It depends on your league settings. In H2H categories leagues where weekly ratios play an important role, Strider can be employed as a super-RP right now. He has less value in traditional roto at the moment. It remains to be seen what the Braves are going to do with him, but he would become an immediate pickup everywhere if given a chance to start later this summer.
Then Duran made his Twins debut on Friday. He gave up a couple of hits to start his first inning, threw a horrendous wild pitch, and then struck out the side. The 24-year-old then returned for a second inning of relief and recorded another K.
Duran was limited to just 16 innings in 2021, so there's even less of a chance that Minnesota uses him as a starter this season. He has a higher probability than Strider of becoming a closer, however. Still, the most likely outcome is that the Twins deploy him as a multi-inning relief weapon. Similar to Strider, he's a must-have in H2H categories formats where ratios are king.
So yeah, I'm up to nearly 10 paragraphs on two former nobodies who are unlikely to have fantasy value in most leagues this year. Great work, Tuma!
Here's the thing, though - Sarris was on these guys before they made their debuts. That's because his Stuff+ model was utilized in a lot of spring training parks. And remember, these models don't need huge sample sizes to become relevant.
The biggest lesson here is that new metrics are going to creep into our fantasy baseball space time and time again. Be ready for this, conduct your own research, and embrace them if they prove to be useful. We'll now return to our regular scheduled, possibly more relevant, opening weekend takeaways.
Monitoring closers can be maddening. I personally believe that we, the fantasy baseball community, spend too much time chasing the saves that just happened and not enough time trying to be early on the next batch of saves.
That being said, here are some closer situations that stood out to me this weekend:
Anthony Bender gave up a solo homer and blew the save in Friday's game against the Giants. Don Mattingly went right back to him on Saturday, however, and Bender converted. We'll see what happens when Dylan Floro returns from the IL, but Bender's "stuff" is legit.
Tony Santillan got the save for the Reds in their first win of the year. Art Warren earned the save on Sunday. I lean Warren here.
Brooks Raley recorded a one-out save for the Rays on Opening Day. Ignore that. Andrew Kittredge earned a save on Saturday. He's the preferred option in this bullpen.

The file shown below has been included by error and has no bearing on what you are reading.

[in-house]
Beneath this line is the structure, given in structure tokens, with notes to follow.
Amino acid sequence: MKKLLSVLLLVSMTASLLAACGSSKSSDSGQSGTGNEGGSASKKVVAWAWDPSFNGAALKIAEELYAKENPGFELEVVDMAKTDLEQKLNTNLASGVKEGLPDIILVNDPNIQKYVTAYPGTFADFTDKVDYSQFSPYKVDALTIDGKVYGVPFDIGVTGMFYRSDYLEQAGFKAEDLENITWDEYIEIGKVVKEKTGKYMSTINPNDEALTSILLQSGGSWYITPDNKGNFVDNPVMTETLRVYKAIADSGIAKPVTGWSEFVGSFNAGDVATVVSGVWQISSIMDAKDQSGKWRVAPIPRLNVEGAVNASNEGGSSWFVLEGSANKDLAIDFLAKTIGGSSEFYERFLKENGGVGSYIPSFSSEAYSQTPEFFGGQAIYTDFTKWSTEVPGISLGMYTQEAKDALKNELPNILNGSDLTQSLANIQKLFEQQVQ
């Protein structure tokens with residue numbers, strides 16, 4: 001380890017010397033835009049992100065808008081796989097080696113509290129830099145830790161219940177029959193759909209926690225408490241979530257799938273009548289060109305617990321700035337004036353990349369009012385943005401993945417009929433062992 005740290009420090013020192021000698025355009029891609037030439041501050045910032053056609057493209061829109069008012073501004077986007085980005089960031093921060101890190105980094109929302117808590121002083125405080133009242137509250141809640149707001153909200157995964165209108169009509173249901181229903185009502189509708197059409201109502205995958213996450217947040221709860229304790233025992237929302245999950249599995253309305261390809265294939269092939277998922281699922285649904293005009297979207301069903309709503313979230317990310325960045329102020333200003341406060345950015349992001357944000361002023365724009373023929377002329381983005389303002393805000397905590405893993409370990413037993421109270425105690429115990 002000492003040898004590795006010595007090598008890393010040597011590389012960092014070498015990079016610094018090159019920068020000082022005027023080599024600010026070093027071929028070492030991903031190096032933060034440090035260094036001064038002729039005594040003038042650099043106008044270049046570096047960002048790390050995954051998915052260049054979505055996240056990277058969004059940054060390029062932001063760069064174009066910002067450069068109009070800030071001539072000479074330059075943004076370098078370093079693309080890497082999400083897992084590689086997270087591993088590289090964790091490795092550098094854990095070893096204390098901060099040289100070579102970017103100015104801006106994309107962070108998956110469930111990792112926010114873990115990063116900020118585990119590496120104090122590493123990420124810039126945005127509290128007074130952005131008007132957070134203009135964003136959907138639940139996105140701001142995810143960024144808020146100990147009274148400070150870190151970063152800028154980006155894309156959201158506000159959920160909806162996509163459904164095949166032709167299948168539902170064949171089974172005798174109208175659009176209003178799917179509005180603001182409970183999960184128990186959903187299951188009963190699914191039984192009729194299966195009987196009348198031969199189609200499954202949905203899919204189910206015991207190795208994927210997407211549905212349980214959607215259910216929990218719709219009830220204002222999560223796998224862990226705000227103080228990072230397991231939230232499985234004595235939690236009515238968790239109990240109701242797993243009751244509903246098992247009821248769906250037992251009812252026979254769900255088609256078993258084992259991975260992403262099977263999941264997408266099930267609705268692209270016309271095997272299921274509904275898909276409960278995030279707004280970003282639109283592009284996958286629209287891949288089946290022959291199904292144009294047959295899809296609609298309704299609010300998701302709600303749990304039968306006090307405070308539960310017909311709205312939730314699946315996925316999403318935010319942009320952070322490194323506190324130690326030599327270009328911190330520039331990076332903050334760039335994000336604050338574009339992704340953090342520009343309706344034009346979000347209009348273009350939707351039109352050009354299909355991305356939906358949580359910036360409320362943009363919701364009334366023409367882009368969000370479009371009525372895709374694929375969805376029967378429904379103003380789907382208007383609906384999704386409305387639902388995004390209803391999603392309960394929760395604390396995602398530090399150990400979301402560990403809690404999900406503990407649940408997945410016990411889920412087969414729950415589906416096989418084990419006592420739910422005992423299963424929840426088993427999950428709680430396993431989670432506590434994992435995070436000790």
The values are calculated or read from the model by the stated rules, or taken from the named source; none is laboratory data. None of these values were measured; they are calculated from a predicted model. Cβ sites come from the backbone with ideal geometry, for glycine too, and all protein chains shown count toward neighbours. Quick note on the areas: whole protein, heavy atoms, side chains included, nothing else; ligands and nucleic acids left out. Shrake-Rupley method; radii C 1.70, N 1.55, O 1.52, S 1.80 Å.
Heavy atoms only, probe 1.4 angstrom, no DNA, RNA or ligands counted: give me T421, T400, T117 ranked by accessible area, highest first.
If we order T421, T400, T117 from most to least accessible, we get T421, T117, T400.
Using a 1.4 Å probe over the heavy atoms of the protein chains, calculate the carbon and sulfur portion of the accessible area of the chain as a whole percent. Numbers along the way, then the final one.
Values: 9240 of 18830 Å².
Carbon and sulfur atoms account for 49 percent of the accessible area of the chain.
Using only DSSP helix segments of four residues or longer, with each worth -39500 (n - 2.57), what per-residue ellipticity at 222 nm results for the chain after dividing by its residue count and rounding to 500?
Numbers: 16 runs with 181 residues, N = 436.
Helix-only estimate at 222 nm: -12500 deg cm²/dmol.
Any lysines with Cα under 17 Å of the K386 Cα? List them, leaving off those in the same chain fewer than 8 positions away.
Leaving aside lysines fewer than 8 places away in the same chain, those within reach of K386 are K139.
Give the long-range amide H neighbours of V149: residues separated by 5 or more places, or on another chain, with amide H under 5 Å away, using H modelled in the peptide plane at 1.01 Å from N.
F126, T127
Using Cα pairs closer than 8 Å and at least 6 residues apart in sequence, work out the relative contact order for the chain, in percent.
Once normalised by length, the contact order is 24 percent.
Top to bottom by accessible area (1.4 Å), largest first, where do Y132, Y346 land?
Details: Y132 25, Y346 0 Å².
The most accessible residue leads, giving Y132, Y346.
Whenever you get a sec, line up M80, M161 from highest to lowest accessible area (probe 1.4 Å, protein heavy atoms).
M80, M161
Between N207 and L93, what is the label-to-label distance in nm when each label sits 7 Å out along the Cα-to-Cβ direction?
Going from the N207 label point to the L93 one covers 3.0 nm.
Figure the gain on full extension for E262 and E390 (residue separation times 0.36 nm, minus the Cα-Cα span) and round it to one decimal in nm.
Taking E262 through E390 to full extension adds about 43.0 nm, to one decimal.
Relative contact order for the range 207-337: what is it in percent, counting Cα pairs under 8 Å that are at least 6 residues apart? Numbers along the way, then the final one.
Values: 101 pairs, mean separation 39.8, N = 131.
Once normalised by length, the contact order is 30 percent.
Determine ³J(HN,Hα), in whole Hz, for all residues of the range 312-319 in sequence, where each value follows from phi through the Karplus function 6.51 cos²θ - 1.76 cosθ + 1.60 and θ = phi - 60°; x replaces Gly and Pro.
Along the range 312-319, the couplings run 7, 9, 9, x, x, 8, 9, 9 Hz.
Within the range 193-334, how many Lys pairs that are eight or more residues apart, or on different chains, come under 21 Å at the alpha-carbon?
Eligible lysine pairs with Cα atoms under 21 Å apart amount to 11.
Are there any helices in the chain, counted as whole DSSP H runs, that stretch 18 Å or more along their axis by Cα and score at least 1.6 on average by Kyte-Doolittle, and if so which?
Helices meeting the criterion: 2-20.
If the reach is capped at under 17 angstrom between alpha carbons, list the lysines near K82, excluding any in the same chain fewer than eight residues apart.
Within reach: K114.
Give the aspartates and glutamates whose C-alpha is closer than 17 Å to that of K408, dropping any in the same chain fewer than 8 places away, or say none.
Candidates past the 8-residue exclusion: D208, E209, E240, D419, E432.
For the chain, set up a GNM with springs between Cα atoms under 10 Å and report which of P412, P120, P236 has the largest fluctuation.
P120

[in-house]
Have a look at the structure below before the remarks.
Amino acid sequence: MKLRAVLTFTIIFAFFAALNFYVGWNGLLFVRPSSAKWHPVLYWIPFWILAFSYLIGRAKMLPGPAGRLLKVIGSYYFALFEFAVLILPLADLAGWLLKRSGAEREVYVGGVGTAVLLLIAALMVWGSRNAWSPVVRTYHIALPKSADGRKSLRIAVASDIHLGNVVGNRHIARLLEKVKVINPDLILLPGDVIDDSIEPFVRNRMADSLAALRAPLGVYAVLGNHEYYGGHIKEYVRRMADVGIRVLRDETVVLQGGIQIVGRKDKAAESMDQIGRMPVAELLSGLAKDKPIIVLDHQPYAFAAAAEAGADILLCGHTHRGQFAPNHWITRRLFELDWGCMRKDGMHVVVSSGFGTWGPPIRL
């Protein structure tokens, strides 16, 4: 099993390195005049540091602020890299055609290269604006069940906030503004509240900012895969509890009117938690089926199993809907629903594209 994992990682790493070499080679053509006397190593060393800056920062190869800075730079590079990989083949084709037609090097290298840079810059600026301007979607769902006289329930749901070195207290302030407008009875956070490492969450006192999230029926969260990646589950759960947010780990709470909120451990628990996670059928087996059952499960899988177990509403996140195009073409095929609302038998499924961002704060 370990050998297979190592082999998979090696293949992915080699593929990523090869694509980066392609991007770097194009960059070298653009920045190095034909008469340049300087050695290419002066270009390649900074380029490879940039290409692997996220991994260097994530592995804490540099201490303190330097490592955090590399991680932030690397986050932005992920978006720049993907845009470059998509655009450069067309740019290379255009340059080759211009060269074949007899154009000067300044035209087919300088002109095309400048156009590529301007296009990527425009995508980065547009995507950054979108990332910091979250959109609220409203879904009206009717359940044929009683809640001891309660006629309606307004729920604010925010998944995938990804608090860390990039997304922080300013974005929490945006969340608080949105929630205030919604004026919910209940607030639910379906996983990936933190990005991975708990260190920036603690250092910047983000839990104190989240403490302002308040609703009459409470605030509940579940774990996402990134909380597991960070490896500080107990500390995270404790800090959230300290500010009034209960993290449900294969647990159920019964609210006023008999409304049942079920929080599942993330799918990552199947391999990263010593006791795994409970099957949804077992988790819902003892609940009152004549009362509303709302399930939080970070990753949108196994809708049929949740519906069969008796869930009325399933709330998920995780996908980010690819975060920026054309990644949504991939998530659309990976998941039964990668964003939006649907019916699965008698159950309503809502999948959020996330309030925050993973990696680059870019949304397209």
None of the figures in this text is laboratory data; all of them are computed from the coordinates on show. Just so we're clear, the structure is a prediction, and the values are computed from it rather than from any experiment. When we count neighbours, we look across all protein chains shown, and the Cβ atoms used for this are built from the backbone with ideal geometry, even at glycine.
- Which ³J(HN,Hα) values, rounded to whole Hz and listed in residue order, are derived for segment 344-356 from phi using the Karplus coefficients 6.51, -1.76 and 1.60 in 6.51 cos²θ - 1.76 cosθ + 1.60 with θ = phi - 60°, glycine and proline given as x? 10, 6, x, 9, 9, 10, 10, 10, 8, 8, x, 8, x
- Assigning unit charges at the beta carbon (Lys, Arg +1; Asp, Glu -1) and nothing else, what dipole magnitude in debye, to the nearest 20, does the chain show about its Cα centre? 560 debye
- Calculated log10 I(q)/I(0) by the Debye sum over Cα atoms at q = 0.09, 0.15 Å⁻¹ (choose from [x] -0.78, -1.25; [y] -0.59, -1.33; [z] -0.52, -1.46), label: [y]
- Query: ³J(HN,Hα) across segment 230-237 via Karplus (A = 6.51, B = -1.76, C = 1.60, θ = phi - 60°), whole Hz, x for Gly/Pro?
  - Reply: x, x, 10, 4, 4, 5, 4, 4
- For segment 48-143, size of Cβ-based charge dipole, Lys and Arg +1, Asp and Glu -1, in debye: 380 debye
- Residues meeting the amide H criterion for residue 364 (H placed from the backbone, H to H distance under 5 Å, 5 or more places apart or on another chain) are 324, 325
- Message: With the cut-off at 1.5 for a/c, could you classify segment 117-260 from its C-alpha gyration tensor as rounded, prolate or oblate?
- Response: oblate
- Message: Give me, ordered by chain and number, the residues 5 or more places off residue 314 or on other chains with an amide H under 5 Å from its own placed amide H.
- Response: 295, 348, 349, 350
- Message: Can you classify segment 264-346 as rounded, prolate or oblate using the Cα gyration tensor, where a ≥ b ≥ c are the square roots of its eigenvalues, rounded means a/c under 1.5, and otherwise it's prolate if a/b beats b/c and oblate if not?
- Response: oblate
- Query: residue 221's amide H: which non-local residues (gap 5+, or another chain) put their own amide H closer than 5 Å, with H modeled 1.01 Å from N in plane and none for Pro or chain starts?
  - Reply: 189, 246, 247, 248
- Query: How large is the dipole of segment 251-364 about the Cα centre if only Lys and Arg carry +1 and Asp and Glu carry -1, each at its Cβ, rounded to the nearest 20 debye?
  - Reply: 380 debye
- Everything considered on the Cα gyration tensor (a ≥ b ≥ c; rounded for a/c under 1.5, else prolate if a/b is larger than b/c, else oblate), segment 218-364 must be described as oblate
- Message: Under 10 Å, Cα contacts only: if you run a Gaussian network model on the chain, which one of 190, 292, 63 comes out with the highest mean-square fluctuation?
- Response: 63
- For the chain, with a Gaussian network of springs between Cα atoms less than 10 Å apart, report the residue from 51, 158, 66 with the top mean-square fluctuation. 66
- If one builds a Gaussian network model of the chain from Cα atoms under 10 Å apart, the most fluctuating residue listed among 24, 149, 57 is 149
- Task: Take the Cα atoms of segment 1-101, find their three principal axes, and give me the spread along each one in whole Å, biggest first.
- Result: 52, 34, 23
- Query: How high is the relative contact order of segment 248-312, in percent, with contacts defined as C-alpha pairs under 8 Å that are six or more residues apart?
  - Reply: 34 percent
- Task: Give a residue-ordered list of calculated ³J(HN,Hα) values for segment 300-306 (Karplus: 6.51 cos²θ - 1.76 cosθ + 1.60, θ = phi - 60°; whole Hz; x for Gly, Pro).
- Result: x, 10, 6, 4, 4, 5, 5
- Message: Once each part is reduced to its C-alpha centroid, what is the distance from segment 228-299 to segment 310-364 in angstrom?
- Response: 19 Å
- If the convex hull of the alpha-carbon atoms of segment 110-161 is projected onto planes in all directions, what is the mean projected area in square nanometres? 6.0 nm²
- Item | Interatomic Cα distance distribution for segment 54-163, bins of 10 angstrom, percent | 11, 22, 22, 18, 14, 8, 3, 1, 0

Tyler Duffey blew the Twins' first save opportunity of the season. Jorge Alcala or Emilio Pagan could be next in line. It could also be Duffey again.
Drew Steckenrider and Diego Castillo each have saves for the Mariners. Shrug emoji.
David Robertson earned a save on Opening Day for the Cubs. Do with this what you will.
Taylor Rogers recorded two saves for the Padres this past weekend. He's their guy.
Daniel Bard picked up the save for the Rockies on Saturday. I like him moving forward in that bullpen.
Camilo Doval blew a save for the Giants on Friday. Dominic Leone was given the save chance on Sunday and converted. My hunch is that this is a legit committee between Doval, Tyler Rogers, and Jake McGee. Ignore Leone for now.
Jake Diekman earned the save for the Red Sox on Sunday night. He's probably worth an add, but I'm not convinced he's suddenly "the guy" for them in every ninth inning opportunity.
Tanner Rainey earned the save for Washington on Sunday. If you're desperate..
The 2017 No. 5 overall pick out of Vanderbilt, Wright's career wasn't going as planned as recently as 7 months ago. Then, suddenly, he became a World Series hero by tossing 4 2/3 frames out of the bullpen in Game 4. It was the third longest World Series relief appearance in the Wild Card era, trailing just Nathan Eovaldi and Madison Bumgarner.
I mentally filed it away, but whatever, October baseball is weird.
On Saturday, though, Wright's name kept popping up on my Twitter timeline. 6 innings, 2 hits, 0 runs, and a 6:1 K:BB versus the Reds? Pretty, pretty good.
Taking a peak under the hood, Wright threw both his sinker and curve over 40% of the time in this start, which was interesting because historically that hasn't been the case.
When we're trying to gauge the legitimacy of a breakthrough in a small sample size, we want to see if there was either a change in that pitcher's "stuff"/velocity, or if there was a pitch mix change. Basically, we want a tangible reason.
I went back to Wright's World Series performance and noticed he also heavily utilized his sinker/curve combo in that appearance. So maybe we're onto something.
Wright's velocity isn't overpowering and there are questions as to what his true upside can be when using just two pitches. However, Wright finally seems to be figuring out who he is as a major league arm. I'm trying to add him for cheap wherever possible.
Gerrit Cole threw 28 fastballs on Opening Day. He induced zero whiffs on them. He was also uncharacteristically throwing them low in the zone. Something to watch.
As David Adler notes, Max Scherzer didn't generate any whiffs on his four-seamer in his first start of 2022. The last time this happened to Mad Max was 2010.
In 2021 Robbie Ray had just two starts with 4+ walks. He allowed four free passes on Opening Day.
Four days into the season there have been just 13 quality starts across the league. Fun!
Jeremy Pena should be rostered everywhere.